Sometimes it can be difficult to distinguish between giving up and accepting reality. We are bombarded with “inspirational” stories about people who persevered in the face of daunting obstacles only to come through the other side triumphant. We also hear about those who fail as well as those who give up and later regret it and vow never to be like them. But what about those who don’t regret it. Those who’ve make a decision that they are going to redefine success? We don’t hear much about those people and when we do we are left wondering if they’re just trying to justify their own failures or abandoned hopes.
Perhaps it is justification; how can we really tell when we’re in the thick of it? But at this moment in time, it doesn’t feel like giving up. It feels like accepting (again*) that I am more than a number on a scale or clothing tag. It feels like deciding that other areas of my life deserve more attention than the shape of my body. It feels like acknowledgement of the fact that the times I’ve actually improved my health, in real, measurable ways, were the times that I wasn’t at all concerned about losing weight.
You see that picture. That is neither a before picture nor a cautionary tale. That is a picture of a full and complete person, enjoying a getaway with her husband. A weekend that included hikes and spelunking, spa visits and scenic plane tours, romance and laughter. I see so many ads for diet plans on TV, in magazines and online that include a picture of a person who is overweight next to a picture of their new, better self. The before and after. They usually have an inspiring story about someone who was tired of sitting on the sidelines, tired of being left out, tired of feeling bad about themselves so they lost weight in order to enjoy life. Well, excuse me but FUCK that.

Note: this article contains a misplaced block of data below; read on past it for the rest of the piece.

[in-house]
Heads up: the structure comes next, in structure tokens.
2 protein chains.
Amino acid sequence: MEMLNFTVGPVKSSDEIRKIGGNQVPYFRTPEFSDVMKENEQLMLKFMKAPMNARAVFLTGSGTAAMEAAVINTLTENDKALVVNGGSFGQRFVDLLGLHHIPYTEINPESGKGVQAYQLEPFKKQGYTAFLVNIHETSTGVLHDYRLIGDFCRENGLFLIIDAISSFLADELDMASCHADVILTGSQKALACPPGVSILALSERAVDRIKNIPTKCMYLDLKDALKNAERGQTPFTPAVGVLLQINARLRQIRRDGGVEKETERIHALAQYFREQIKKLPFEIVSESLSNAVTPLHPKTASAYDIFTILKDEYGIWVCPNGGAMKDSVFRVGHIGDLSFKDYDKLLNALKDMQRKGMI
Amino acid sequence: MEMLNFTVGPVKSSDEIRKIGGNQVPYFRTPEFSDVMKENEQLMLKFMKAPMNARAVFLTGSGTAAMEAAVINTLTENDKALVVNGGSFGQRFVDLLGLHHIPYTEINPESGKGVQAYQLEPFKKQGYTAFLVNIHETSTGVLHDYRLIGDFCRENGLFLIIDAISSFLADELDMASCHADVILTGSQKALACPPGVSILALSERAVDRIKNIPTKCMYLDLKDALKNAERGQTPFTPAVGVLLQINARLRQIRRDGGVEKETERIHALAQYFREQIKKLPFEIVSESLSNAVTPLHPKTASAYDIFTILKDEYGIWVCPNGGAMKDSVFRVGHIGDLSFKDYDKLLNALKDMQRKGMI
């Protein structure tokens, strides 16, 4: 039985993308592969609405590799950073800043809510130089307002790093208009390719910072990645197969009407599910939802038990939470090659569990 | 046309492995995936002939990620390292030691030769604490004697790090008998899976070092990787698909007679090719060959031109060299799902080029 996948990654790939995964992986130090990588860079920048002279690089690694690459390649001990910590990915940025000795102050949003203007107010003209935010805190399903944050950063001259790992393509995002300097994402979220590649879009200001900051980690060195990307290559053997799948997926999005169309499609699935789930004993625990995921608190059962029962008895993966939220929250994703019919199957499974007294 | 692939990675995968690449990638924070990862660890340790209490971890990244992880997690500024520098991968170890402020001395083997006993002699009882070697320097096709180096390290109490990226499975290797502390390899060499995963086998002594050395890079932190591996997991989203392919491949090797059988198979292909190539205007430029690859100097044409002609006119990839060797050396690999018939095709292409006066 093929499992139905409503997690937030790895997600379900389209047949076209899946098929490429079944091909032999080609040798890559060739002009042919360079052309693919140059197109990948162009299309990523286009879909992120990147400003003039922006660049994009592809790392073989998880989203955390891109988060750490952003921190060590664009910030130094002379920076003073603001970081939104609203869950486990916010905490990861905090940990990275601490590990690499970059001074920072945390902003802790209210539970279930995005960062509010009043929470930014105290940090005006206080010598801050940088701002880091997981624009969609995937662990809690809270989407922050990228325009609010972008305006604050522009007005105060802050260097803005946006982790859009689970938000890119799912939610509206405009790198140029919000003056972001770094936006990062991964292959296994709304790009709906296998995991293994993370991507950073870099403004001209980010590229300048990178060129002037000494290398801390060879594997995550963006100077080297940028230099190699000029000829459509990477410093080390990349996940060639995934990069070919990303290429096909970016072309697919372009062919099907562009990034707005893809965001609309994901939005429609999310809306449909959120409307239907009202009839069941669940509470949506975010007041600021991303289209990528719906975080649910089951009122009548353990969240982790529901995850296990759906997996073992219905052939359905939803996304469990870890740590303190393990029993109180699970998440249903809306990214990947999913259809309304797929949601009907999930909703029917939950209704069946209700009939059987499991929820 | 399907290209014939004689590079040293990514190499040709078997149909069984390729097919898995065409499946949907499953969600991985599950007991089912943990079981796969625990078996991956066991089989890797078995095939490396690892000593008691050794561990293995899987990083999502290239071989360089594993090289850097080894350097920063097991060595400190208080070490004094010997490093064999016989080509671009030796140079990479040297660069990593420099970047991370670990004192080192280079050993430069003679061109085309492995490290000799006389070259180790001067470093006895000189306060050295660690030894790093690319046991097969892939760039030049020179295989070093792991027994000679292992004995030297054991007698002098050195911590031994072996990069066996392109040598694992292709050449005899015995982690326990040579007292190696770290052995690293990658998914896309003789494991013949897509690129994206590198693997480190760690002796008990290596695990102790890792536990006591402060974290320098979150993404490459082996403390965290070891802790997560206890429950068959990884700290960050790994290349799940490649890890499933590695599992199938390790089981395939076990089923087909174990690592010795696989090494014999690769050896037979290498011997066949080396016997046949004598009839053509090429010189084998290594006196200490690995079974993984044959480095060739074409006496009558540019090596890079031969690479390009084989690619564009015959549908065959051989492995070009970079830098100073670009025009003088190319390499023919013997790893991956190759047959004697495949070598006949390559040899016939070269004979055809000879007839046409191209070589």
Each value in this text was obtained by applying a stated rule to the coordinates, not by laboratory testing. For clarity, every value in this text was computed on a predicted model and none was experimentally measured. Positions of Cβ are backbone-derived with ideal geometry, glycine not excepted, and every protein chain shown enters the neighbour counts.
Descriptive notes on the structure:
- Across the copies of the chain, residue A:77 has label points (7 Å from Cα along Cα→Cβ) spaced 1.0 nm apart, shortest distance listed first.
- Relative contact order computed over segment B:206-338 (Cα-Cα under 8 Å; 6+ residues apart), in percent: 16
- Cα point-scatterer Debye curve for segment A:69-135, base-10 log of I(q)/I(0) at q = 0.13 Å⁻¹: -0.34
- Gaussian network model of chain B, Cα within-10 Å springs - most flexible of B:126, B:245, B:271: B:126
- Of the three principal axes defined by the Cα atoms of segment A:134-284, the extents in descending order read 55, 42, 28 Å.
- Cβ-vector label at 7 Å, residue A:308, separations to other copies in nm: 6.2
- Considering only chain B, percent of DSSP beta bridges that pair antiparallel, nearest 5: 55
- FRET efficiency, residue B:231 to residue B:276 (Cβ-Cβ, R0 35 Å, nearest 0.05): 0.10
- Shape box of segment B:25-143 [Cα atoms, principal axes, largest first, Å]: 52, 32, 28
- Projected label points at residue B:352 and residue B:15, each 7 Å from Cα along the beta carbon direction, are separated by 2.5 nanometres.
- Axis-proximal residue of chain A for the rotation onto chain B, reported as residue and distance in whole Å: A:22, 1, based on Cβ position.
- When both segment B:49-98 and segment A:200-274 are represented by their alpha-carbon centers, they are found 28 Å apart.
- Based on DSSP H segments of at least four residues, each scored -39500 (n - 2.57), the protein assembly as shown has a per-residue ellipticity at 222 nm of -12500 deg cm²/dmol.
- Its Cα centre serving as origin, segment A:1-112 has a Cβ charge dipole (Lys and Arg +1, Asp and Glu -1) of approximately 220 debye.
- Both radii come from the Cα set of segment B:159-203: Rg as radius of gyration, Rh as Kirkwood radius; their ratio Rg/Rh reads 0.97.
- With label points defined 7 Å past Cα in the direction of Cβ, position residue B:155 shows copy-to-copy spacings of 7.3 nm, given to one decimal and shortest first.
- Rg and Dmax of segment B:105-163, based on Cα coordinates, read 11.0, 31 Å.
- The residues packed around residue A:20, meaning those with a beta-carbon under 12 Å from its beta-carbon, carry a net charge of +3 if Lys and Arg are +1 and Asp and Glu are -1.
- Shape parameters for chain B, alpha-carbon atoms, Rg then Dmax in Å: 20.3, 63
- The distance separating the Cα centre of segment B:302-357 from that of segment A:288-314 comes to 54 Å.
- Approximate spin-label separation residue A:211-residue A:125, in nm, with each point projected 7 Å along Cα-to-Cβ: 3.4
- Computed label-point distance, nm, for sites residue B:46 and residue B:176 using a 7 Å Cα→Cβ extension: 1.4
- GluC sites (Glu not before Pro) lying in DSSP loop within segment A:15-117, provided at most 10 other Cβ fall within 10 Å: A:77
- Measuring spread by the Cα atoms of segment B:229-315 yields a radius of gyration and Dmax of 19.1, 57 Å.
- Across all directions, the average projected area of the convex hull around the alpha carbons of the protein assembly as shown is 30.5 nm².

Please don’t misunderstand, I’m not disparaging anyone’s particular story and am genuinely glad that the people featured in these ads seem happier and healthier. What I am not overjoyed about is the idea that weight loss is a necessary element for it to happen. I am beyond pissed at these companies who prey on women (and increasingly men) and tell them they can be worthy of a good life if they just drink their shake, order their processed food or go to their meetings. Again, don’t misunderstand. I’m not saying that the people who use these services are the problem. It’s the marketing of fat = misery, thin = all my problems are solved that I’m angry about.
I bought into it for a while and still find myself being drawn to some of the lingering ideas at times. But for the most part, I’m done with it. I will eat foods that are good for my body. I will move in ways that help make my body strong. I will not weigh or measure myself anymore. I am not a before.
*Yes, again. This isn’t the first time I’ve had to figure this out- I was slightly derailed by the discovery that I’m diabetic. My old notions about recovery from disordered eating were put to the test as I navigated through an entirely new kind of recovery. It’s really not a surprise that I lost my way and had to find my way back; this is common among most kinds of recovery. There is no reason to assume that setbacks equal failures. We don’t assume that with physical disease and shouldn’t with mental health issues either.